The moral authority of high school coaches raises First Amendment questions the Supreme Court will have to consider in “Kennedy v. Bremerton.”
For nearly as long as there have been football coaches, there have been praying football coaches. And praying football coaches have frequently been at the center of the rough-and-tumble, back-and-forth debate over the place of religion in American public education.
Joseph Kennedy, a high school coach from the Seattle area, is the latest to take the field. The Supreme Court is set to hear arguments in Kennedy v. Bremerton School District on Monday. His lawyers will argue that the First Amendment protects his right as an American citizen to bend a knee and say a prayer after high school games.
The opposing counsel will also invoke the First Amendment, arguing that because Kennedy is paid by the public school, his prayers infringe on the rights of players, who shouldn’t be pressured to pray by a government employee.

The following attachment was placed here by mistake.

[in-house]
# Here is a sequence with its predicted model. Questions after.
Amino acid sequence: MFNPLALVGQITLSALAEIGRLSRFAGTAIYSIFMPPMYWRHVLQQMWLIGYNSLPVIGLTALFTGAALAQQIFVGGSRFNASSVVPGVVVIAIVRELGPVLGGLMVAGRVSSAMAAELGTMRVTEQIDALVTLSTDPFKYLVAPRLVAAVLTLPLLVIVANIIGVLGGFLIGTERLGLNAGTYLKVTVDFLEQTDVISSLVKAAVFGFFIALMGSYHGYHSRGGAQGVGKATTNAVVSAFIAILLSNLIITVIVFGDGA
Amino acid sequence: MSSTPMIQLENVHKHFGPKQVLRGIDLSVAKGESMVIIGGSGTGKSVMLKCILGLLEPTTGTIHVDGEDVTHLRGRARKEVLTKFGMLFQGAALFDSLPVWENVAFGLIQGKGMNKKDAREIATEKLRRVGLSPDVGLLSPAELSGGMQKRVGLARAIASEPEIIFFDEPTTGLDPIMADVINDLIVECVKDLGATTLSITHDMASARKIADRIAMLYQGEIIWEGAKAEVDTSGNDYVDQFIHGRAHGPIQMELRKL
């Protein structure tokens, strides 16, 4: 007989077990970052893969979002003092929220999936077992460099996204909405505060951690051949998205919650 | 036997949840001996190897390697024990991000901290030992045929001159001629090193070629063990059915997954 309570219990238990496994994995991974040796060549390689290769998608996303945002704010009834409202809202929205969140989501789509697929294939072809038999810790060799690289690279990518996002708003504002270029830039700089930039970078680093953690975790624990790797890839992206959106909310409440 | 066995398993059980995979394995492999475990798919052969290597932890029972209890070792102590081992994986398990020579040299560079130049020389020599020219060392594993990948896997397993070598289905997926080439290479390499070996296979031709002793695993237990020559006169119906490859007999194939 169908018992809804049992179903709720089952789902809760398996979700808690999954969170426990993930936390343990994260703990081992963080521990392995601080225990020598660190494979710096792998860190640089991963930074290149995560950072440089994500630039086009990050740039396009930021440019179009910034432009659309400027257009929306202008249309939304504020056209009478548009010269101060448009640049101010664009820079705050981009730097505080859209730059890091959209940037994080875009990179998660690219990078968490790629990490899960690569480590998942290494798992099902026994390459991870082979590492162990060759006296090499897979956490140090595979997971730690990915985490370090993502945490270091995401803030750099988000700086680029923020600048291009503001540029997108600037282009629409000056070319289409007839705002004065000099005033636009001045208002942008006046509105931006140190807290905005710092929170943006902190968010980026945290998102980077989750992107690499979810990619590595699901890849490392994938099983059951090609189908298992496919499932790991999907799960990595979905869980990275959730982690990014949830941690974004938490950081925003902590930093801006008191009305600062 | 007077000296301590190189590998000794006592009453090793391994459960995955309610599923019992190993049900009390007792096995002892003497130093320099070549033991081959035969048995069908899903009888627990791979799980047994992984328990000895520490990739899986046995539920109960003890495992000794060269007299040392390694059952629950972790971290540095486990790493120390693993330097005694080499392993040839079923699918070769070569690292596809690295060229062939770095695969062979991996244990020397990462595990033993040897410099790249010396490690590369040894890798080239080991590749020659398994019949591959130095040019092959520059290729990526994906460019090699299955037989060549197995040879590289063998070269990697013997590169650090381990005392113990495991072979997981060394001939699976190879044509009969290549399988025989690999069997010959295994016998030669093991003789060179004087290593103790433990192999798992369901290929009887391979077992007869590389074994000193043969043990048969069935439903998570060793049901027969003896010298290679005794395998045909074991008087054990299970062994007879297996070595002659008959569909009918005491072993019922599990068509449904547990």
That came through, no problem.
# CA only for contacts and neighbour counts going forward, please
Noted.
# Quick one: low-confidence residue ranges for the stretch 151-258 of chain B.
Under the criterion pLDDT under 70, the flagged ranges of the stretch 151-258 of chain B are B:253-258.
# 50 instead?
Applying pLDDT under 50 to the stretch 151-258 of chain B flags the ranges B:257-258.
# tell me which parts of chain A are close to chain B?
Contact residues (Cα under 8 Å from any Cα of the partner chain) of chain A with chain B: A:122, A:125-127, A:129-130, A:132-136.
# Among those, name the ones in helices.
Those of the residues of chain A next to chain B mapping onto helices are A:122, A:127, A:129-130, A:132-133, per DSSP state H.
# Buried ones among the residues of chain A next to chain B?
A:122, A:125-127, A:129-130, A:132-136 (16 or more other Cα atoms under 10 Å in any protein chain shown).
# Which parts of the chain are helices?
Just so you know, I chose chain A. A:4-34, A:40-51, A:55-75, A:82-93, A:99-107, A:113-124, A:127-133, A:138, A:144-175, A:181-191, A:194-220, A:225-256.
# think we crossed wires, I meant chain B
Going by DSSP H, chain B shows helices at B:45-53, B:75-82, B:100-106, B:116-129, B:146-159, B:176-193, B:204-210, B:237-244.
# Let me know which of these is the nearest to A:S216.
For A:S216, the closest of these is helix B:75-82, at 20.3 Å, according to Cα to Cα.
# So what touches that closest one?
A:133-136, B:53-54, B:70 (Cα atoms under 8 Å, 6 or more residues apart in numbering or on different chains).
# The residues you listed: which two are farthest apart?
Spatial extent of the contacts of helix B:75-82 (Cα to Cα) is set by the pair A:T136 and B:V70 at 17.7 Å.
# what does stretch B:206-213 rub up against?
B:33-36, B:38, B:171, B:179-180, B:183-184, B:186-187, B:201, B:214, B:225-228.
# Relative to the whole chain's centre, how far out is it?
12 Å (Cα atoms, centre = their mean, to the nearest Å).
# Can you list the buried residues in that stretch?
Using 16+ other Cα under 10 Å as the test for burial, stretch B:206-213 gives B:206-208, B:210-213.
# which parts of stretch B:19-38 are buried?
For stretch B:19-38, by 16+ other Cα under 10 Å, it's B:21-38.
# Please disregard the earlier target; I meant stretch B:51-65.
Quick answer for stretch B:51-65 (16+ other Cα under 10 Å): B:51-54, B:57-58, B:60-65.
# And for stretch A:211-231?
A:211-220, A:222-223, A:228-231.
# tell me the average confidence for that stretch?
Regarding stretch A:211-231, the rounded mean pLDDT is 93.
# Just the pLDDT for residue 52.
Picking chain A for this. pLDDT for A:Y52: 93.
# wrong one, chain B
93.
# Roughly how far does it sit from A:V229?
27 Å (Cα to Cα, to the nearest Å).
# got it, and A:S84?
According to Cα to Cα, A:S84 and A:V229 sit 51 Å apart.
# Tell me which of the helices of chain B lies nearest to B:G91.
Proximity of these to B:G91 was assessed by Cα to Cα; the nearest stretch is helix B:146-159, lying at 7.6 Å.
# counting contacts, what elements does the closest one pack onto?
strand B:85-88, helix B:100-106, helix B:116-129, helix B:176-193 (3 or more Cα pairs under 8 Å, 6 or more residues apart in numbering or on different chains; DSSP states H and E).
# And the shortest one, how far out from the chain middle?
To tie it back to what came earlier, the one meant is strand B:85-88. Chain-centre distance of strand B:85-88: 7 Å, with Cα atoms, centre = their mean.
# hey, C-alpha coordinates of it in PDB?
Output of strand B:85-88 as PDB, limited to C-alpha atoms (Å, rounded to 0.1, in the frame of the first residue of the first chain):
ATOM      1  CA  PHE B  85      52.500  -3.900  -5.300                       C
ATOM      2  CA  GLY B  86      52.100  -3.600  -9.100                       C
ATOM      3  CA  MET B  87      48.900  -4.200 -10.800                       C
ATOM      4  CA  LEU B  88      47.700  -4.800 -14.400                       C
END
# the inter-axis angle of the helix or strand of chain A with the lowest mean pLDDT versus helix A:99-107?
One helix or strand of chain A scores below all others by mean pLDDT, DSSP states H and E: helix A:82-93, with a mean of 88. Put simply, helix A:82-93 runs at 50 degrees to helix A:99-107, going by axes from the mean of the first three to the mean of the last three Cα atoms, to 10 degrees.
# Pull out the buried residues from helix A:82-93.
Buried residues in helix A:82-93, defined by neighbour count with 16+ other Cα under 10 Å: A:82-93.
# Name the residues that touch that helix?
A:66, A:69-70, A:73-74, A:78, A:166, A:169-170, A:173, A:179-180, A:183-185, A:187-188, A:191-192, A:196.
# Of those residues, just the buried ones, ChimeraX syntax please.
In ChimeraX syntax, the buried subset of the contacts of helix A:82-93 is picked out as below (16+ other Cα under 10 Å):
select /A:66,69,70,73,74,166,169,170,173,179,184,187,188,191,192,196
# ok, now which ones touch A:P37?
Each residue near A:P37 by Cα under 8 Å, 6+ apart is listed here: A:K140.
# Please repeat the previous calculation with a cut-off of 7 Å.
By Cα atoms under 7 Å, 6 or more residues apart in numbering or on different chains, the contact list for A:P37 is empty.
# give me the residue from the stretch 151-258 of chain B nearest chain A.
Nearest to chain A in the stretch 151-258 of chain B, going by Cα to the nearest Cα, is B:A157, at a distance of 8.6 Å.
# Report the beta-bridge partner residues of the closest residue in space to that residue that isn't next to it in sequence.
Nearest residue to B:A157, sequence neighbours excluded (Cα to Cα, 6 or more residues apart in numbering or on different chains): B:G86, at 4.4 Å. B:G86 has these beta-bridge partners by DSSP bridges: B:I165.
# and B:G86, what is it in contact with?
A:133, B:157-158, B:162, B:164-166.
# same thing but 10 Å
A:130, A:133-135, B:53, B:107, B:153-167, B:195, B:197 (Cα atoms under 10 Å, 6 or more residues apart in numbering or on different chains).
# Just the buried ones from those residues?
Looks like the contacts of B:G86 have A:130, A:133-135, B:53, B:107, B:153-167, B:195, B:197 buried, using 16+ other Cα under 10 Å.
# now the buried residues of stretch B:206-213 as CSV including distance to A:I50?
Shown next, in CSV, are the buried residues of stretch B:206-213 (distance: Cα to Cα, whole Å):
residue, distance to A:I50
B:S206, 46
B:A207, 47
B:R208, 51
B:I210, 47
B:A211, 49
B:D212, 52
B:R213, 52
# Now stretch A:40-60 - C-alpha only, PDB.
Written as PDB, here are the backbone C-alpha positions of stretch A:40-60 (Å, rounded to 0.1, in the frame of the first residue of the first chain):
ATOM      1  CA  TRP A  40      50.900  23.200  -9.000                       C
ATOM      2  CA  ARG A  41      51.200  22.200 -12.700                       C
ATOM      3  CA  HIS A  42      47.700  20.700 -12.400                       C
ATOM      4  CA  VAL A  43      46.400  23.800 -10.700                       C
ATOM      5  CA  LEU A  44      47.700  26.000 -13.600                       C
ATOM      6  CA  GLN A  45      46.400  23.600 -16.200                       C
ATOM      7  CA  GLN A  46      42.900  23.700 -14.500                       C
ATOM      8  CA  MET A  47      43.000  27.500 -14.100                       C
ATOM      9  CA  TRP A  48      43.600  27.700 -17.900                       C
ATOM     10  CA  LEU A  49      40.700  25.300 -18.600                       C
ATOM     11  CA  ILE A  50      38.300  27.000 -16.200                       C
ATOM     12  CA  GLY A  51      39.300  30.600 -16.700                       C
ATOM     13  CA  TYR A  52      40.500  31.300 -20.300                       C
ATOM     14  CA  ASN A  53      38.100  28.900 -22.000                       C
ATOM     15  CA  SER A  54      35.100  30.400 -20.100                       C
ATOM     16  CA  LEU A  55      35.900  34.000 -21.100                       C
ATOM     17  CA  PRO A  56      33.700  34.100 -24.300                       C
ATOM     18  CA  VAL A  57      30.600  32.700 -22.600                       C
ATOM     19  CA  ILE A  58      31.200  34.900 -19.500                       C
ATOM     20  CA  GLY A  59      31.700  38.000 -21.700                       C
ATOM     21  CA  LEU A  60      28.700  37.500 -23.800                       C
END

But why football coaches? Why not praying principals, drama teachers, shop class instructors, or crossing guards? The football coach, it turns out, has a special place in the American struggle over the meaning of the freedom of religion.
We can trace the story back to one of the first men to turn coaching into a full-time profession, Amos Alonzo Stagg. He trained to be a minister before deciding, as he wrote in his autobiography, he “could influence others to Christian ideals more effectively on the field than in the pulpit.” From 1892 to 1932, Stagg built a college football powerhouse at the University of Chicago—and prayer was absolutely part of the program.
In Stagg’s day, American football was just developing as a sport. Key to its appeal and growing acceptance was the idea that it was more than a game, that it offered a space for young men to build character and develop the moral virtue …